Fierce fighting continues in northern Afghanistan's Faryab Province and according to one member of parliament from the region, the militants have the upper hand and the situation is close to disastrous.
Afghan lawmaker Naqibullah Fayiq spoke to RFE/RL's Turkmen Service, known locally as Azatlyk, on July 13. Fayiq and another parliament member, Fathullah Qaysary, were in Faryab to assess the situation, bring what material supplies they could, and lend moral support to pro-government militiamen who Fayiq claimed were the last effective fighting force in the province.
Fayiq said there has been fighting for the last week along the highway that connects Faryab's provincial capital Maymana to provinces further east and also in the Almar district.
He claimed several villages had already fallen to the Taliban and their foreign militant allies and that dozens of other villages were in danger of being captured soon.
Fayiq said that, in the Almar district, enemy forces have surrounded an area where some 3,000 families live. The lawmaker said there is a paramilitary force of some 400 fighters resisting the militant advance there, but that, according to his information, as many as some 4,000 militants had gathered in Faryab to participate in attacks.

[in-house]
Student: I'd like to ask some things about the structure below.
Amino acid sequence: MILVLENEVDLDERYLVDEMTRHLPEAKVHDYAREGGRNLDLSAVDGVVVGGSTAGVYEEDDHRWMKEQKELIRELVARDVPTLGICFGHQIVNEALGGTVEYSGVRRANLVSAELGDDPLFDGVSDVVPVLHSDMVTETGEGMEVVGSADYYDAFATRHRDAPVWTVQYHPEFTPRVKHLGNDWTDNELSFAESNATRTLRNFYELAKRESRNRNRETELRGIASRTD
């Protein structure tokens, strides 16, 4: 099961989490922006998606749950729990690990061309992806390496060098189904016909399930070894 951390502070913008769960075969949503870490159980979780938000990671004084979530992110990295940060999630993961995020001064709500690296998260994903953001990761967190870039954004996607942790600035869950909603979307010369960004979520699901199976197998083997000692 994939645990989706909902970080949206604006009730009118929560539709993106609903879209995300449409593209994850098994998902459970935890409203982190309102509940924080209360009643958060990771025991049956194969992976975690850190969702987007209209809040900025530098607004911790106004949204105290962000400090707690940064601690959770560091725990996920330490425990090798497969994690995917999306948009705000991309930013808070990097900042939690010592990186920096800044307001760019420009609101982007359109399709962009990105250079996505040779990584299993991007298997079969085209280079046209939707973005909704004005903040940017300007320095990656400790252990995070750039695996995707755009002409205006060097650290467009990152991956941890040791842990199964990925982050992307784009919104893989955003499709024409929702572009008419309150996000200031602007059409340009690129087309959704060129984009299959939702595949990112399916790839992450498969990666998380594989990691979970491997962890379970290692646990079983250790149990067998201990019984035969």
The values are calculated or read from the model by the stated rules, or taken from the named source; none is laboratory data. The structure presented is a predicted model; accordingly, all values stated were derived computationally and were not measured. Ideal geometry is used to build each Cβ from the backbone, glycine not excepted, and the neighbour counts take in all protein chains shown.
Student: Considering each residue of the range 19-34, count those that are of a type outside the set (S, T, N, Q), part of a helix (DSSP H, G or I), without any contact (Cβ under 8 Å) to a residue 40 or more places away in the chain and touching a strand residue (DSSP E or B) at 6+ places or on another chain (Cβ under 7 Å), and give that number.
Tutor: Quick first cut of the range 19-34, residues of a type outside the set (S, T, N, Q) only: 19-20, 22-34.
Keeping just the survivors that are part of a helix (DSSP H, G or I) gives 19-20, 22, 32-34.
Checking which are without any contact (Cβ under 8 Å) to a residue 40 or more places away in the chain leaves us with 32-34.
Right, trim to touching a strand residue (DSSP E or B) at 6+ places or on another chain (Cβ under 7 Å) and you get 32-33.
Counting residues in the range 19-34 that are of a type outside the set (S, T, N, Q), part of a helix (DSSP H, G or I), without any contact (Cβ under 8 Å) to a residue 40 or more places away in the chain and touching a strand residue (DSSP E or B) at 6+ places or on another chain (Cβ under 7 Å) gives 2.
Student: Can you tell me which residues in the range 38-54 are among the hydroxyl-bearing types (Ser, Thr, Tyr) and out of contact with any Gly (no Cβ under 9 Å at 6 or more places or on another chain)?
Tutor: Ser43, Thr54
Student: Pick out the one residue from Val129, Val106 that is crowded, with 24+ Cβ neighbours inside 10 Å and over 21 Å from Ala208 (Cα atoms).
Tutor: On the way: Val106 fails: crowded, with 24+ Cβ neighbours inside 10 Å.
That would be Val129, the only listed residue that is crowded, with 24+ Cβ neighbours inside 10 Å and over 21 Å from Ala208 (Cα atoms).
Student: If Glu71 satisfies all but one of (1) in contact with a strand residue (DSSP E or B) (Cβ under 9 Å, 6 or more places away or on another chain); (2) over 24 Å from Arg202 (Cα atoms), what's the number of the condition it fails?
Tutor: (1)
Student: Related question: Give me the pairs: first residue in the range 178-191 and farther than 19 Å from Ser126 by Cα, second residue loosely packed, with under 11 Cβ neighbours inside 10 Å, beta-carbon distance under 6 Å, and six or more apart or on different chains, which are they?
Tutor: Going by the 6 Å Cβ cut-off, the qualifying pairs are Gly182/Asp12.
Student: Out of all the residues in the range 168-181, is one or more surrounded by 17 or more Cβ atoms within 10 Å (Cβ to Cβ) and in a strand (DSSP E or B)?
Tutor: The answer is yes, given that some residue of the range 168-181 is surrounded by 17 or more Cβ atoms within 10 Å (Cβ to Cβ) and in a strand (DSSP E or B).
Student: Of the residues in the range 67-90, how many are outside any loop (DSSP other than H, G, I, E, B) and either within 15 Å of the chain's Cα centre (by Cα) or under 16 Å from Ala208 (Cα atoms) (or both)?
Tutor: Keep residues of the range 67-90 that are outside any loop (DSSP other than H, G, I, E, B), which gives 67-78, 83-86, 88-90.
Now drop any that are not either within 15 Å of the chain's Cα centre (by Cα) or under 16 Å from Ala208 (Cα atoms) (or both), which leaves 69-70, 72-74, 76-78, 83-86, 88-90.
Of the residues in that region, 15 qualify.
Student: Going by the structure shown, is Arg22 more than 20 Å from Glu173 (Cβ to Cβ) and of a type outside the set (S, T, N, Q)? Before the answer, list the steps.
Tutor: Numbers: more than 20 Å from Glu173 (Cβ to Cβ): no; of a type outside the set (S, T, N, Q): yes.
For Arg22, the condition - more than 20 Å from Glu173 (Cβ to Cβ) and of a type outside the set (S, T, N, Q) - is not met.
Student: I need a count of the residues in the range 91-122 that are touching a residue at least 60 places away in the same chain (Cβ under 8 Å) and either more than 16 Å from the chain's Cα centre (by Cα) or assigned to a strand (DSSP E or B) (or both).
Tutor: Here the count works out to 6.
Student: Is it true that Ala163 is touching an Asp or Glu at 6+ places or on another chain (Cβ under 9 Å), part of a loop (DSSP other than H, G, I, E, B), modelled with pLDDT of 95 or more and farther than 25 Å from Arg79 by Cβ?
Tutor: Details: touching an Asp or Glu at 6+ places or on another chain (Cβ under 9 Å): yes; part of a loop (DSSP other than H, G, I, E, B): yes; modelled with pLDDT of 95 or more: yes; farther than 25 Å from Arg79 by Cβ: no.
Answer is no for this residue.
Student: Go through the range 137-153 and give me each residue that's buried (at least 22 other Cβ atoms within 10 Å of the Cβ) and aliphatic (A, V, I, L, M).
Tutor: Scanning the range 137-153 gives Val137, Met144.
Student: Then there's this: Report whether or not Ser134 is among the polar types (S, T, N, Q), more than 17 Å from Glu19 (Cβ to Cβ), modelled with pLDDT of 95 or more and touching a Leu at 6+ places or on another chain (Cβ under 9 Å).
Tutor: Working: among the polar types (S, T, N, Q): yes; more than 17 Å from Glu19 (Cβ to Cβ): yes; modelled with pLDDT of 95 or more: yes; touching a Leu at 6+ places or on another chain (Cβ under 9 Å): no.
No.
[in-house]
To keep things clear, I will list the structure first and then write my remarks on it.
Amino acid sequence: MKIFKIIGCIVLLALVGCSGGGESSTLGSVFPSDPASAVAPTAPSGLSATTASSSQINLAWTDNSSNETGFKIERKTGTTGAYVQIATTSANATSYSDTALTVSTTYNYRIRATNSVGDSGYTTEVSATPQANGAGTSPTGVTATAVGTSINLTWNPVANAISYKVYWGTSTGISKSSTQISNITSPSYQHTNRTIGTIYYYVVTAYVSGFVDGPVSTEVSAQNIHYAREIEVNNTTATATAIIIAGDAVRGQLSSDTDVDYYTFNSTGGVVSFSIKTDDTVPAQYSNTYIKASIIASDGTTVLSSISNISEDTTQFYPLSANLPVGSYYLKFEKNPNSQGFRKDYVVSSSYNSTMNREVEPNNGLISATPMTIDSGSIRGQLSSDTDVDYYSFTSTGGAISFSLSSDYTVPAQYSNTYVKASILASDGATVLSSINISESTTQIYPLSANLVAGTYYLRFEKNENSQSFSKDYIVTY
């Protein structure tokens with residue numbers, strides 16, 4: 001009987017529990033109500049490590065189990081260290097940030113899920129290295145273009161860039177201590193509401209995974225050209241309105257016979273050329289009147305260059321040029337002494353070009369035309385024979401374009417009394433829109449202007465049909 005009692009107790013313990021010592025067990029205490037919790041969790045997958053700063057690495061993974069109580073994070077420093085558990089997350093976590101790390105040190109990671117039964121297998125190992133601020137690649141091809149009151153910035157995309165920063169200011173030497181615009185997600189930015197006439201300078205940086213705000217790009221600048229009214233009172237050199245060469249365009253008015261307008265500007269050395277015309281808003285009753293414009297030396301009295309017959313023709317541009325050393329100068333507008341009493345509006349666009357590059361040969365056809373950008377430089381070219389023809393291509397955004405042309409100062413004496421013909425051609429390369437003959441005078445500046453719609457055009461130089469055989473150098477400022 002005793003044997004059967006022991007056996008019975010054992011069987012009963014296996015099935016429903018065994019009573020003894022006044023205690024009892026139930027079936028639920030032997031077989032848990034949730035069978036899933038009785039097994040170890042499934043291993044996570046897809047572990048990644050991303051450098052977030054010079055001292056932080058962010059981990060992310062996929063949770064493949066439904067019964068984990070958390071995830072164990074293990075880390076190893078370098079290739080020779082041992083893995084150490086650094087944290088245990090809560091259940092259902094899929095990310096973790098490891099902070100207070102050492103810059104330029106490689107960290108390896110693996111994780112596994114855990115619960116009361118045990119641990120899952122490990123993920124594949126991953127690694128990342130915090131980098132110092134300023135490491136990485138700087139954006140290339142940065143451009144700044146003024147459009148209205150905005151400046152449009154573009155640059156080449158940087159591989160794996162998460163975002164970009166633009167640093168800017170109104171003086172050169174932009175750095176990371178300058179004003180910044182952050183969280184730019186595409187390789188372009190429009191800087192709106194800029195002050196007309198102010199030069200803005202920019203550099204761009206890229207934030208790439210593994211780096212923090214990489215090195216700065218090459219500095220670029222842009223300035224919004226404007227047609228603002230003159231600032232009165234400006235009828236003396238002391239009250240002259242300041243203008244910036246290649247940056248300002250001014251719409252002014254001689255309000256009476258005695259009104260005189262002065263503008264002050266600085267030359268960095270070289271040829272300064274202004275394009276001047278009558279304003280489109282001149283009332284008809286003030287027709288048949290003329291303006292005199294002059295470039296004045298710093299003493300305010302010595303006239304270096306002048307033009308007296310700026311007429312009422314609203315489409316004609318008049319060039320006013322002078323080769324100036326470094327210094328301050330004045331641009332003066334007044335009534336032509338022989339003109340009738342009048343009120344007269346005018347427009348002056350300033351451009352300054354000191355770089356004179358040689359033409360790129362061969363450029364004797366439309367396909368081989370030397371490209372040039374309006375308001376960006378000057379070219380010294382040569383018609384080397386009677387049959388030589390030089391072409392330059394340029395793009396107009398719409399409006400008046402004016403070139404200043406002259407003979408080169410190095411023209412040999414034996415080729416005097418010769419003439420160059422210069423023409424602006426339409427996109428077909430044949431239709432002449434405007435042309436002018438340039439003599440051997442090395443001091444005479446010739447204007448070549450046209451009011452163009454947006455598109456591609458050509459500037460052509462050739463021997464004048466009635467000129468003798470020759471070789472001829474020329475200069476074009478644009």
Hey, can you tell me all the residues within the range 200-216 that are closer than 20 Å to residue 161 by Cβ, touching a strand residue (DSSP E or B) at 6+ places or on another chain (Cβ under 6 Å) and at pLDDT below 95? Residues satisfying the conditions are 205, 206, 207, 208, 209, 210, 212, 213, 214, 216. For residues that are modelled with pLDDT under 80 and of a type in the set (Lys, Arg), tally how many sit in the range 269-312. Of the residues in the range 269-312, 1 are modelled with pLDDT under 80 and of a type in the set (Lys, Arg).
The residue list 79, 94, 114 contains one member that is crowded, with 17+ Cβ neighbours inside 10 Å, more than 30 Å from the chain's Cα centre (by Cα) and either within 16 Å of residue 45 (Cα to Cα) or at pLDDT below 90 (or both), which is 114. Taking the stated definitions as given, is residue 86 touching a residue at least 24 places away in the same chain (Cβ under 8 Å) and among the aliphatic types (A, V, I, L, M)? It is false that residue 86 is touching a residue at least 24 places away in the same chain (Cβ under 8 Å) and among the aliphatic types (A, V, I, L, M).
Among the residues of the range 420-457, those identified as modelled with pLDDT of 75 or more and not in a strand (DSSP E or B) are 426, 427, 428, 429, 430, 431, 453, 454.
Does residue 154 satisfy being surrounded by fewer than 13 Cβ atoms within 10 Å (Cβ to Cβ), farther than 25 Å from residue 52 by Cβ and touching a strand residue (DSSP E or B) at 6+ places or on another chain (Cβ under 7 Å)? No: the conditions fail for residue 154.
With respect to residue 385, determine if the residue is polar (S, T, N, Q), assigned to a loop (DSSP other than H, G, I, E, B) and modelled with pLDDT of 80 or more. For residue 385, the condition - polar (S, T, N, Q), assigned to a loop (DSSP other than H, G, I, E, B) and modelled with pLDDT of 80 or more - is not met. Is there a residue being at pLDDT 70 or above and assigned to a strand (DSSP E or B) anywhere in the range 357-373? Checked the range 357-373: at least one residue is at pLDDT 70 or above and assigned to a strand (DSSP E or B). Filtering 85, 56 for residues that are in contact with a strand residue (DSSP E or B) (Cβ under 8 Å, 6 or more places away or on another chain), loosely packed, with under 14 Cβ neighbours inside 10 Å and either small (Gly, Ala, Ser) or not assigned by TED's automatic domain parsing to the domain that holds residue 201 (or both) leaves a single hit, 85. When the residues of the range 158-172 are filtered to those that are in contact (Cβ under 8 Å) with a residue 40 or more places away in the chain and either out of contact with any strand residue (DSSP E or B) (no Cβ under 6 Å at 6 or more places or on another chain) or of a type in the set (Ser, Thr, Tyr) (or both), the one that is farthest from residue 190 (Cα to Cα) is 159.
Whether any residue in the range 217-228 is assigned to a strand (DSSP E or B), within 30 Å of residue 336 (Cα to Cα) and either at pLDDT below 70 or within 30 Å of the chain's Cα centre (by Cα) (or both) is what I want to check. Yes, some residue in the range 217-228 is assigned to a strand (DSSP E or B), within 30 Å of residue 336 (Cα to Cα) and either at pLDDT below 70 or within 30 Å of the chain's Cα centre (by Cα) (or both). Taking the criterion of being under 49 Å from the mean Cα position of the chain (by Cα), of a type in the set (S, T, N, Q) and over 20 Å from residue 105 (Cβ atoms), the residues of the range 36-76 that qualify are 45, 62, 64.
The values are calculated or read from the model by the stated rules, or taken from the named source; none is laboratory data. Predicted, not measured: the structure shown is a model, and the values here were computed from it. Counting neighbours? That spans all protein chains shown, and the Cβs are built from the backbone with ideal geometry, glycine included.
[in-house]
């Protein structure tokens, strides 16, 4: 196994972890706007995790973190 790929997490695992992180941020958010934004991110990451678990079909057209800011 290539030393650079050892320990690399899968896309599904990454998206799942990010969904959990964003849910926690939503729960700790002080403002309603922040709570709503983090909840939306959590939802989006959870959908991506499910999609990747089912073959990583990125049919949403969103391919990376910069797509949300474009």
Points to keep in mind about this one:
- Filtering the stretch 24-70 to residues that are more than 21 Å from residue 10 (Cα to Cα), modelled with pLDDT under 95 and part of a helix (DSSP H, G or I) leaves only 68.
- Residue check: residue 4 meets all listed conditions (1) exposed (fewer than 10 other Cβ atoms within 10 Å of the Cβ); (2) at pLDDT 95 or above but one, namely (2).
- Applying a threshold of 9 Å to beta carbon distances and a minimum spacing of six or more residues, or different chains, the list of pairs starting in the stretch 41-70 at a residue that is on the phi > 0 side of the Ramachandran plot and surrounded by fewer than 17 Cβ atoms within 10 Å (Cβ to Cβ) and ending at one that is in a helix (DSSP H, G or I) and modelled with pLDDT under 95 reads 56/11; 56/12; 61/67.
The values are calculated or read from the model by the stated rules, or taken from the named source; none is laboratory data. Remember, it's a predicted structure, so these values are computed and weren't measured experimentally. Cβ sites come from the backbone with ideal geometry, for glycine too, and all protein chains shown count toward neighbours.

The militia had set up 30 military posts in the Almar area to counter the Taliban but, after one week of fighting the militiamen, they only control two of the posts, according to Fayiq. He said five posts were overrun in the previous 24 hours.
Fayiq told Azatlyk that the militiamen were running out of ammunition and added part of his trip to the province was to bring what ammunition he could collect in Kabul to the pro-government fighters.
Fayiq could not provide specific casualty figures, but he said dozens had been killed and wounded on both sides. He said that, without help from the government, the militia would fall, possibly within the next 24 hours. Fayiq said the militants have delivered an ultimatum to the militiamen to surrender and lay down their arms or face defeat, capture, and decapitation.
Fayiq said that he and others in Faryab had requested military help from Kabul, but that so far none had arrived.
Asked about the situation along the border with Turkmenistan, Fayiq responded that militants had already seized several villages along that border and were preparing for assaults on other villages.
Fayiq also relayed information from the Faryab governor's office that there were many "foreign" fighters involved in the latest campaign.
"There are militants from various countries, most are from Uzbekistan, but there are Kazakhs, Arabs, and Chechens," he said, adding, "The enemy forces are led by these foreign fighters."
-- Muhammad Tahir, the director of RFE/RL's Turkmen Service, contributed to this report